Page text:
By Ben Purcell
The use of anaerobic digestion may be particularly suited for the co-treatment of high moisture content organic wastes (commercial and industrial wastes) and municipal sewage sludge, concludes a recent study.
WS Atkin has been investigating the potential process benefits of co-digesting supermarket wastes with sewage sludge in a six-month laboratory-scale project in the United Kingdom. The project was funded by landfill tax credits from Waste Recycling Group plc and managed by Waste Recycling Environmental (WREN).
WS Atkins believes the development of combined anaerobic digestion with sanitary sewage sludge for organic wastes from commercial and industrial sources represents an exciting business opportunity. The results from the experimental trials indicate the potential of co-digestion for increasing organic waste recycling and recovery of energy through biogas utilization.
The benefits the company expects to realize with a full-scale implementation of the co-digestion scheme include significant increases in biogas generation, improved potential for energy generation in combined heat and power plants, and improved de-waterability of the digested sludge prior to beneficial use for agriculture or for land reclamation.
A total of eight reactors (four control reactors and four co-digestion reactors) were operated through the project. All eight digesters were contained in a water bath maintained at 35
The control cells were fed with primary sludge from Mitchell Laithes wastewater treatment works (WwTW) (Yorkshire Water). The co-digestion cells were fed with a combination of supermarket organic wastes and primary sludge.
Supermarket wastes (fruit, vegetable and bakery waste) were collected weekly from a local ASDA Supermarket. The homogenized supermarket waste was blended with primary sludge to produce the required organic loading rate.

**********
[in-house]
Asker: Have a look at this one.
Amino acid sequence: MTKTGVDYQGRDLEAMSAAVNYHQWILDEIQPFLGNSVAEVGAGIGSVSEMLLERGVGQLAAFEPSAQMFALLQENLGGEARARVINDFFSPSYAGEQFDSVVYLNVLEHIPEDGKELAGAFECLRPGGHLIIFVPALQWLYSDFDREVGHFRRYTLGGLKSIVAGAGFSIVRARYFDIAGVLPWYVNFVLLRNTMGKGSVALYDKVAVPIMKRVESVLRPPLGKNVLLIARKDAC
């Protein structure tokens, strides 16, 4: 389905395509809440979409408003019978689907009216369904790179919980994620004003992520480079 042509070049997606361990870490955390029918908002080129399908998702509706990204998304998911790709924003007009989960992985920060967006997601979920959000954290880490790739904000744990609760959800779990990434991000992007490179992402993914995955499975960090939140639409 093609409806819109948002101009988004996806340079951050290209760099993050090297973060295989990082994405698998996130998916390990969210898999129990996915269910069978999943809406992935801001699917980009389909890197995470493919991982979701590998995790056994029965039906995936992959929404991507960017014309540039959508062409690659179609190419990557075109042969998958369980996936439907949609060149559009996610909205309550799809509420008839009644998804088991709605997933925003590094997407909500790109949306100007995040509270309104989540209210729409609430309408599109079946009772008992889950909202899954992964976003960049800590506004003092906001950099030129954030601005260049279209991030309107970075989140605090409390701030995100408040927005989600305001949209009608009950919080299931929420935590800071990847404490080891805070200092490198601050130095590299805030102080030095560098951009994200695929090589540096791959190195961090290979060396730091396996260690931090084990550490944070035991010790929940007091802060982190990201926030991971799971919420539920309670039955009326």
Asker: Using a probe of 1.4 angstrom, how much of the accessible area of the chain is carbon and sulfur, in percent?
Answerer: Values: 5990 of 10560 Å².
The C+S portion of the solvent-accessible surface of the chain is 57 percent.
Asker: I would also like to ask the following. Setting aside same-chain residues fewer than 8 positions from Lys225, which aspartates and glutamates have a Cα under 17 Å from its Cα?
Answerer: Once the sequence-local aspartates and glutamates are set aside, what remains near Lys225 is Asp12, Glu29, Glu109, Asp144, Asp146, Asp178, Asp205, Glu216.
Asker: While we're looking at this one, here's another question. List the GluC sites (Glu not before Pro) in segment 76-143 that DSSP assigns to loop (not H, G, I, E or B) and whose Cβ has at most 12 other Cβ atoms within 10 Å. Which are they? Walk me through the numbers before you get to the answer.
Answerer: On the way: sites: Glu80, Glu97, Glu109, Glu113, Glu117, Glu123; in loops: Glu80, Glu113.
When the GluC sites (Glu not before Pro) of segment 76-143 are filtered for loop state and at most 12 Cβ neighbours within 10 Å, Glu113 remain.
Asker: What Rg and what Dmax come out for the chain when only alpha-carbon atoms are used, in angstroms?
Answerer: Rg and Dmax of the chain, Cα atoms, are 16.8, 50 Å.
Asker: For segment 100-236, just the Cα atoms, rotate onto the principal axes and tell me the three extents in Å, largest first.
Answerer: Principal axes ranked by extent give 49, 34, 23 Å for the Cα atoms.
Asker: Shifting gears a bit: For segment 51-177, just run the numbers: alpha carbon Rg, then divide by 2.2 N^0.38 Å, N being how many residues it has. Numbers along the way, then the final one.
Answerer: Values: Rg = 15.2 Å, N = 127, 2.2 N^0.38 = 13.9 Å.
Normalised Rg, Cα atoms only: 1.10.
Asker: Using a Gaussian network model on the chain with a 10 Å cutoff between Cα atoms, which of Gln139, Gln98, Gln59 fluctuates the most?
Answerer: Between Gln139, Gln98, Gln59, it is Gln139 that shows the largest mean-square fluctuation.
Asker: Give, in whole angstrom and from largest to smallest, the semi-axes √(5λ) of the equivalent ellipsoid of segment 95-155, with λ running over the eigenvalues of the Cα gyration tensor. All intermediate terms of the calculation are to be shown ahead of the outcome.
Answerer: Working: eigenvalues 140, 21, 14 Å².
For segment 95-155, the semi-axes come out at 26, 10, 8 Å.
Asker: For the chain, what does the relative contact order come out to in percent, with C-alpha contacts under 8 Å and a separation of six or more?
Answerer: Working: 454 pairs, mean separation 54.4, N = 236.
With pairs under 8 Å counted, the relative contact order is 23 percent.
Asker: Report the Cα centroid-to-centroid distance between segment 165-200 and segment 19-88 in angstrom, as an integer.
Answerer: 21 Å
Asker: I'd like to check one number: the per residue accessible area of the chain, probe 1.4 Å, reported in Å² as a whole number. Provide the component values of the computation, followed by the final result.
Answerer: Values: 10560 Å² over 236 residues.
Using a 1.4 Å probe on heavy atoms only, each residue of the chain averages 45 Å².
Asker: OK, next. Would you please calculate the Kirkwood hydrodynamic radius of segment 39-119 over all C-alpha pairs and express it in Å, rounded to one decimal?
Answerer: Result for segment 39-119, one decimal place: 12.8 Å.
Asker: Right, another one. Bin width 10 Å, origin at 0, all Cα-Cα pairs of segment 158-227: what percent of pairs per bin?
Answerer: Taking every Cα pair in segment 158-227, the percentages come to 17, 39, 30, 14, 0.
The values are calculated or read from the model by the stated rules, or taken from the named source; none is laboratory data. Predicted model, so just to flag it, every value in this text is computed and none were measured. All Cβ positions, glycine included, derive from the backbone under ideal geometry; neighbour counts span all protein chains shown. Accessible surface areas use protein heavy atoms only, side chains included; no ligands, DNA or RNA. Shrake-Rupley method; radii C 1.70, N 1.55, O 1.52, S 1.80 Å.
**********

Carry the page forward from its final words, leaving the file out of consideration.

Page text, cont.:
Greater Organic Destruction
The co-digestion cells maintained considerably higher rates of organic matter destruction when compared to the control cells. Average dry solids (DS) destruction rates were 27.7% for the control reactors and 53.7% for the co-digestion cells. This substantial increase is related to higher organic loading rates (OLR) and a more degradable feedstock (fresh fruit, vegetables and bakery wastes). Volatile solids (VS) destruction rates for the control reactors averaged 37% and 63% for the co-digestion cells.
Increased Biogas Production
Gas composition for the co-digestion reactors was typically 60-65% methane (CH4) and 35% CO2. Fluctuations in methane concentrations were observed throughout the project and resulted from the varying nature of the co-feed sludge.
The results also indicate that the specific biogas generation rates (m3 biogas/kgVS added) were 70% greater in the co-digestion cells than the control cells. The co-digestion cells also produced 50% more methane per kg of VS added than did the control cells, indicating the highly digestible nature of the supermarket produce wastes.
Full Scale Plans
A full-scale trial into the treatment of supermarket produce waste and sewage sludge has been designed with WREN, Yorkshire Water and ASDA. These trials will evaluate the process performance of co-digestion at full-scale and investigate new waste handling techniques for the reception, pulping and blending of supermarket produce waste with sewage sludge. As part of the work, new organic waste collection systems will be trialed at ASDA to minimize further the contaminant levels from plastics and paper.
At full-scale, it is anticipated that improvements in digester performance will be achieved through higher feeding frequency (to reduce the peaks in biogas generation) and greater operational control and buffering capacity. The aim of these proposed full-scale trials is to further evaluate the effectiveness of this system for providing a more sustainable waste treatment technology for recycling and energy recovery from high moisture content organic wastes.
The use of anaerobic digestion to treat this waste generates an energy rich biogas, which if used as a fuel for combined heat and power, could provide electricity generated from a renewable energy resource. Moreover, the process has the potential to sanitize and stabilize the organic wastes providing valuable nitrogen and organic matter for beneficial use.
About the Author: Ben Purcell, PhD, DIC, works for WS Atkins where he has led a variety of projects including strategy development for the waste management sector in Kosovo and other organic waste and sludge management projects. WS Atkins (Web: www.wsatkins.com) provides technologically based consultancy and support services from 175 offices around the world.